Richard G. Wang
Associate Professor of Chinese Studies
Ph.D., University of Chicago
- 359 Pugh Hall
Office Hours — Fall 2019
- Tuesdays: 3:00 to 5:00 p.m.
- Thursdays: 4:00 to 5:00 p.m.
- Or by appointment
Biography and Areas of Interest
My research focuses on Daoism, Chinese fiction, and religion and Chinese literature of late imperial China (14th-19th centuries). I am currently exploring the Daoism and local society in the Ming as well as the religious dimensions of Ming novels. My teaching interests include Taoism and Chinese culture, Chinese culture, pre-modern Chinese fiction in translation, Journey to the West,and advanced Chinese.
- 2012. The Prince and Daoism: Institutional Patronage of an Elite. Oxford and New York: Oxford University Press.
- 2011. The Ming Erotic Novella: Genre, Consumption, and Religiosity in Cultural Practice. Hong Kong: The Chinese University Press.
- 1999. Langman qinggan yu zongjiao jingshen: Wanming wenxue yu wenhua sichao [The Romantic Sentiment and the Religious Spirit: The Late Ming Literature and the Intellectual Currents]. Hong Kong: Cosmos Books.
- 2012. “The Ming Princely Patronage of Daoist Temples.” Ming Studies 65 (2012): 57-92.
- 2009. “Ming Princes and Daoist Ritual.” T’oung Pao 95.1-3 (2009): 51-119.
- 2005. “An Erotic Immortal: The Double Desire in a Ming Novella.” InLiterature, Religion, and East/West Comparison: Essays in Honor of Anthony C. Yu, ed. Eric Ziolkowski, pp. 144-161. Newark: University of Delaware Press.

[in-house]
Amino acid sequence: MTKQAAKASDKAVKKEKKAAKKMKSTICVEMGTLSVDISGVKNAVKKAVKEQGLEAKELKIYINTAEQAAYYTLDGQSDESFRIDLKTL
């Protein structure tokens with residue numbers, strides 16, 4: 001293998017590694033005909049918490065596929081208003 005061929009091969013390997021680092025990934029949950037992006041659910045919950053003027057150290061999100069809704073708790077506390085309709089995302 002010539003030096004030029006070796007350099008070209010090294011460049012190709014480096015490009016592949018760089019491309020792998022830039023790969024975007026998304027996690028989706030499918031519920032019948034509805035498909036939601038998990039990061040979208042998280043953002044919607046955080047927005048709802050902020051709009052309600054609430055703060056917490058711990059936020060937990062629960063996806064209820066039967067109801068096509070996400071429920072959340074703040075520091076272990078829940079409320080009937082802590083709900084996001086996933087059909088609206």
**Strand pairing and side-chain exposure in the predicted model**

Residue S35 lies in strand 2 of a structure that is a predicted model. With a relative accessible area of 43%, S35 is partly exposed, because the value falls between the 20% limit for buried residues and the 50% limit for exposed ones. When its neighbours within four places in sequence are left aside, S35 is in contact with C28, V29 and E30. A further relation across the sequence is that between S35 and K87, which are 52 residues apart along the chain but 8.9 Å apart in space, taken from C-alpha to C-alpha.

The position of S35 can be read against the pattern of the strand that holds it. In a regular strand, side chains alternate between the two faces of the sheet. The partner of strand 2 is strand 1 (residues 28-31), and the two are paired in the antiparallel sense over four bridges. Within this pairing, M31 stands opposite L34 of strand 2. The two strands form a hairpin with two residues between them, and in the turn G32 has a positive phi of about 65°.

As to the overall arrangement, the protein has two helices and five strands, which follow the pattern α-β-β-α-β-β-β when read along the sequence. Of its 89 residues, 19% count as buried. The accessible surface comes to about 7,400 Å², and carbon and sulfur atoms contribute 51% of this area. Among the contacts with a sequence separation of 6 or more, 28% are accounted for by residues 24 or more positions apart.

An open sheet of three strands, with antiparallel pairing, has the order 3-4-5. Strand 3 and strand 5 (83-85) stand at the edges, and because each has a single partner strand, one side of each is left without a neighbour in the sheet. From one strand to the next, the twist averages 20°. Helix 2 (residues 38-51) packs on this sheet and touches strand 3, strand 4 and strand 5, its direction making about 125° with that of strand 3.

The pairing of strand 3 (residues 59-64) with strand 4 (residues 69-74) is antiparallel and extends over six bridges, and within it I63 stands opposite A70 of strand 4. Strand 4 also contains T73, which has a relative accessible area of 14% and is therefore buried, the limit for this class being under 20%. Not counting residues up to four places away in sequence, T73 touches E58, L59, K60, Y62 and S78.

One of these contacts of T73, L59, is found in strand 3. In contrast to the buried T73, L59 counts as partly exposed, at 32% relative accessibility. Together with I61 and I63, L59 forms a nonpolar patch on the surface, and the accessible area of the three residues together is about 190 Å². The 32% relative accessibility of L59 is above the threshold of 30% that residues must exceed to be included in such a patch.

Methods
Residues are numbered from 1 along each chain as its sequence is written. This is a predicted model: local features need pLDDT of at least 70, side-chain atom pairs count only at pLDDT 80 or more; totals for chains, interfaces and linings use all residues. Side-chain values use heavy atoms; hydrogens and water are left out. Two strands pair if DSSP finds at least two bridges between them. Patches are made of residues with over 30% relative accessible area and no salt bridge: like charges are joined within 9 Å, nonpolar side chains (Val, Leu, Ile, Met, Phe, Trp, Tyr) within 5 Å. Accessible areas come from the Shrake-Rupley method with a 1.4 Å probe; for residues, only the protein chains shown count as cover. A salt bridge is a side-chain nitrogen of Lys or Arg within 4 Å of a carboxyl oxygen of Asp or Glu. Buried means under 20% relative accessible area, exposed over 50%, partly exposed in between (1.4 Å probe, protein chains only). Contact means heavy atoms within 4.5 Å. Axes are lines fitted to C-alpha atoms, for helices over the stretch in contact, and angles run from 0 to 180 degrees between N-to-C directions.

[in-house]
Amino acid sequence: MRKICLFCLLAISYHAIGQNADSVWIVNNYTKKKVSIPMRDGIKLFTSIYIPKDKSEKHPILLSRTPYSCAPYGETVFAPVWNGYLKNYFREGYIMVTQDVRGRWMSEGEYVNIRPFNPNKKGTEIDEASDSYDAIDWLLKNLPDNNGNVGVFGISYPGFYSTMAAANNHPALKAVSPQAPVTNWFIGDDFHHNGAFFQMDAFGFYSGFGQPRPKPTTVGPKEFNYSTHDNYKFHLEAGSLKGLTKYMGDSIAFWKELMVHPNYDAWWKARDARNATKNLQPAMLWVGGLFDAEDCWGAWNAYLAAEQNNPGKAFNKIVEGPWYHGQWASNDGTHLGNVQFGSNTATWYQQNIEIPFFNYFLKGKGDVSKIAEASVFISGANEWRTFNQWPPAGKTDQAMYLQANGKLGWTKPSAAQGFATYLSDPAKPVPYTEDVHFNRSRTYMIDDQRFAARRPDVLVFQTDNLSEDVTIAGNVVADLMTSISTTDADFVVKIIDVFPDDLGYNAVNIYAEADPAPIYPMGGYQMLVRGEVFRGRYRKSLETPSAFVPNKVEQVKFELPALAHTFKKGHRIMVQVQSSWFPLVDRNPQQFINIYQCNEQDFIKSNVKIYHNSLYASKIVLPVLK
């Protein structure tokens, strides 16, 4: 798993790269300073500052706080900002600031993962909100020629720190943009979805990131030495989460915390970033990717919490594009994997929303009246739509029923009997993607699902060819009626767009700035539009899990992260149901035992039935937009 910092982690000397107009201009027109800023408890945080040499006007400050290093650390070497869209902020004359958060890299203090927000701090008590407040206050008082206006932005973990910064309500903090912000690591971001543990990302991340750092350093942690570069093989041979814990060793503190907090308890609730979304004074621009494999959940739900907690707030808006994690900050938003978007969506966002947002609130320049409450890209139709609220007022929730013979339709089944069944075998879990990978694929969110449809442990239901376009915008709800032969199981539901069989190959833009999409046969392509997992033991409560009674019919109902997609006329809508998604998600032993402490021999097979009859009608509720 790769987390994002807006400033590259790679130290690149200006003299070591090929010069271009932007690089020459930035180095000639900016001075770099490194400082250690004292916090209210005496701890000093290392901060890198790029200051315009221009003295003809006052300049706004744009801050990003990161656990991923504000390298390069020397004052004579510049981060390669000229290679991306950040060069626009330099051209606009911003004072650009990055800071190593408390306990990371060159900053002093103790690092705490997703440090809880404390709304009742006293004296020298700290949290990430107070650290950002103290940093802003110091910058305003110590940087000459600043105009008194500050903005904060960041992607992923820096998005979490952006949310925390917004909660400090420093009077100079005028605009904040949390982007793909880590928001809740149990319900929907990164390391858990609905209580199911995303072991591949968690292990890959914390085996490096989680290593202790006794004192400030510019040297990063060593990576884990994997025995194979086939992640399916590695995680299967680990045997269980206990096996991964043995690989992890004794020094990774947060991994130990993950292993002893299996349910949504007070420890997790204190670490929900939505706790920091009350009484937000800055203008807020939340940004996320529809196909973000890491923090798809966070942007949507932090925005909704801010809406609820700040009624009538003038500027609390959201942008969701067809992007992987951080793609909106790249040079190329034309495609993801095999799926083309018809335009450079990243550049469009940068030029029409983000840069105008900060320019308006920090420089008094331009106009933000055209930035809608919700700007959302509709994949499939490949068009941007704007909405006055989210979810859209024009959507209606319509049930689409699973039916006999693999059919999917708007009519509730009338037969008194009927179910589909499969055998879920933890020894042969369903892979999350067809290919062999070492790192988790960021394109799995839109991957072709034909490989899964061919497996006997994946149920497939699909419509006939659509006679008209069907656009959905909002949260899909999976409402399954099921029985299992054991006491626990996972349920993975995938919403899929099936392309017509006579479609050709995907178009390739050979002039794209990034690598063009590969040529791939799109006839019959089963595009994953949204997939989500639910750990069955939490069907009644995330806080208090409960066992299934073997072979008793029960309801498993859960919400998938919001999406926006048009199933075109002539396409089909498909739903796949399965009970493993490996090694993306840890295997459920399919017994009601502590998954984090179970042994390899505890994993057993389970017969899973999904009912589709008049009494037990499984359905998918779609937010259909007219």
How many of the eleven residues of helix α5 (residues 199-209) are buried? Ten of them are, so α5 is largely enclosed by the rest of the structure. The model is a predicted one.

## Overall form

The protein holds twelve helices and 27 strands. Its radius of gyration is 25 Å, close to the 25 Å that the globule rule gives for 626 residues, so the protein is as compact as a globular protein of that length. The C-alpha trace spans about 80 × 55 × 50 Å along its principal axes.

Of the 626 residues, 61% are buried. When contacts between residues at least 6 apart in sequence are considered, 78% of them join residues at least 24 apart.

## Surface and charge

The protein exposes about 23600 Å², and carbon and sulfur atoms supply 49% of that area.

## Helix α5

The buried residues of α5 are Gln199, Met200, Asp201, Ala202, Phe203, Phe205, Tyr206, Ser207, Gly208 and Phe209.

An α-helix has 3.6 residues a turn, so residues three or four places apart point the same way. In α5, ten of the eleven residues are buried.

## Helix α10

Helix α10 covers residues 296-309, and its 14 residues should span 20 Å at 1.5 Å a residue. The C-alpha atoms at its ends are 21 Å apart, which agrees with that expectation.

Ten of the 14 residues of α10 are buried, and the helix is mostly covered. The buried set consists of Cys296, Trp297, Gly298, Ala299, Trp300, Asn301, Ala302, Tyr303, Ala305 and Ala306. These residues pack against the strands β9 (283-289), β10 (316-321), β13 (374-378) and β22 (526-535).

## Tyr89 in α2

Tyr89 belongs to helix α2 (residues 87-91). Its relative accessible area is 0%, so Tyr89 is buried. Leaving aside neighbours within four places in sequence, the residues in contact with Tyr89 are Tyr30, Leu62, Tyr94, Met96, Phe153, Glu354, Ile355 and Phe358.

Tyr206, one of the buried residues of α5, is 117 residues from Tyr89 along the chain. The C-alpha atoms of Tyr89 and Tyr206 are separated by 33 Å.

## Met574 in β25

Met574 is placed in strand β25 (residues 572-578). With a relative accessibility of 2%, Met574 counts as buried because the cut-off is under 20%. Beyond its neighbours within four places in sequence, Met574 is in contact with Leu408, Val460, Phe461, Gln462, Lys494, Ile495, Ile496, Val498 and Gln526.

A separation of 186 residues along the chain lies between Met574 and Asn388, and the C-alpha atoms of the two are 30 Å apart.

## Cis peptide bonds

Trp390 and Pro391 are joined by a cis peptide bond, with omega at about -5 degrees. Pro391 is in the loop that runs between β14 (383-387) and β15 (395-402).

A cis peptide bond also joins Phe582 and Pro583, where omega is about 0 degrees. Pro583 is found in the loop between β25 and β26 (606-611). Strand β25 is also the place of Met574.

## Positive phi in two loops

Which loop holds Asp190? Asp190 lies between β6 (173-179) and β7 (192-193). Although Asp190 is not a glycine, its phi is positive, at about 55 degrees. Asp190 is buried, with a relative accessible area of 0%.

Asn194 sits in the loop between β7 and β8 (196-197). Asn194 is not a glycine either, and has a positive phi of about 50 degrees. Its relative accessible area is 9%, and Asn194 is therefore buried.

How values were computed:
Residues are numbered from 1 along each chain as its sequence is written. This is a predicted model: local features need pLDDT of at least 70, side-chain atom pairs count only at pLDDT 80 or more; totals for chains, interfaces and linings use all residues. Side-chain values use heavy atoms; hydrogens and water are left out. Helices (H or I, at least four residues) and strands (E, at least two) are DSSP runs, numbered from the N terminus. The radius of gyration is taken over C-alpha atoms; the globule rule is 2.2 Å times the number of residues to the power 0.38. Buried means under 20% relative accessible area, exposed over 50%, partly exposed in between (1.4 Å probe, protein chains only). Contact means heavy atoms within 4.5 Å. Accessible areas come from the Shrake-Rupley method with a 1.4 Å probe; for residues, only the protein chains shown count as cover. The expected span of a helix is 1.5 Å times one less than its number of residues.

- 2004. “Taoist Writings Packaged in Ming Popular Encyclopedias and Their Editing Strategies.” In Religion and Chinese Society, ed. John Lagerwey. Hong Kong: The Chinese University Press, and Paris: École française d’Extrême-Orient, pp. 591-619.
- 2003. “Four Steles at the Monastery of Sublime Mystery (Xuanmiao guan): A Study of Daoism and Society on the Ming Frontier.” Asia Major 3rd series, 13.2 (2000): 37-82.
- 2002. “Peking Temples as the Congregational Center and Their Fate.” Journal of Religion 82.2 (2002): 260-68.
- 2000. “The Publishing of the Ming Novellas and the Print Culture.” Monumenta Serica 48 (2000): 93-132.
- 2000. “Practicing Erotic Fiction and Romanticizing Late-Ming Writing Practice.” Ming Studies 44 (2000): 78-106.
- 1996. “Liu Tsung-yüan’s ‘Tale of Ho-chien’ and Fiction.” T’ang Studies 14 (1996): 21-48.
- 1994. “The Cult of Qing: Romanticism in the Late Ming Period and in the Novel Jiao Hong Ji.” Ming Studies 33 (1994): 12-55.
- CHT 3513 Taoism and Chinese Culture
- CHT 4603 Journey to the West
- CHT 3123 Pre-Modern Chinese Fiction in Translation
- CHI 3500 Chinese Culture
- CHI 3410/3411 Advanced Chinese 1/2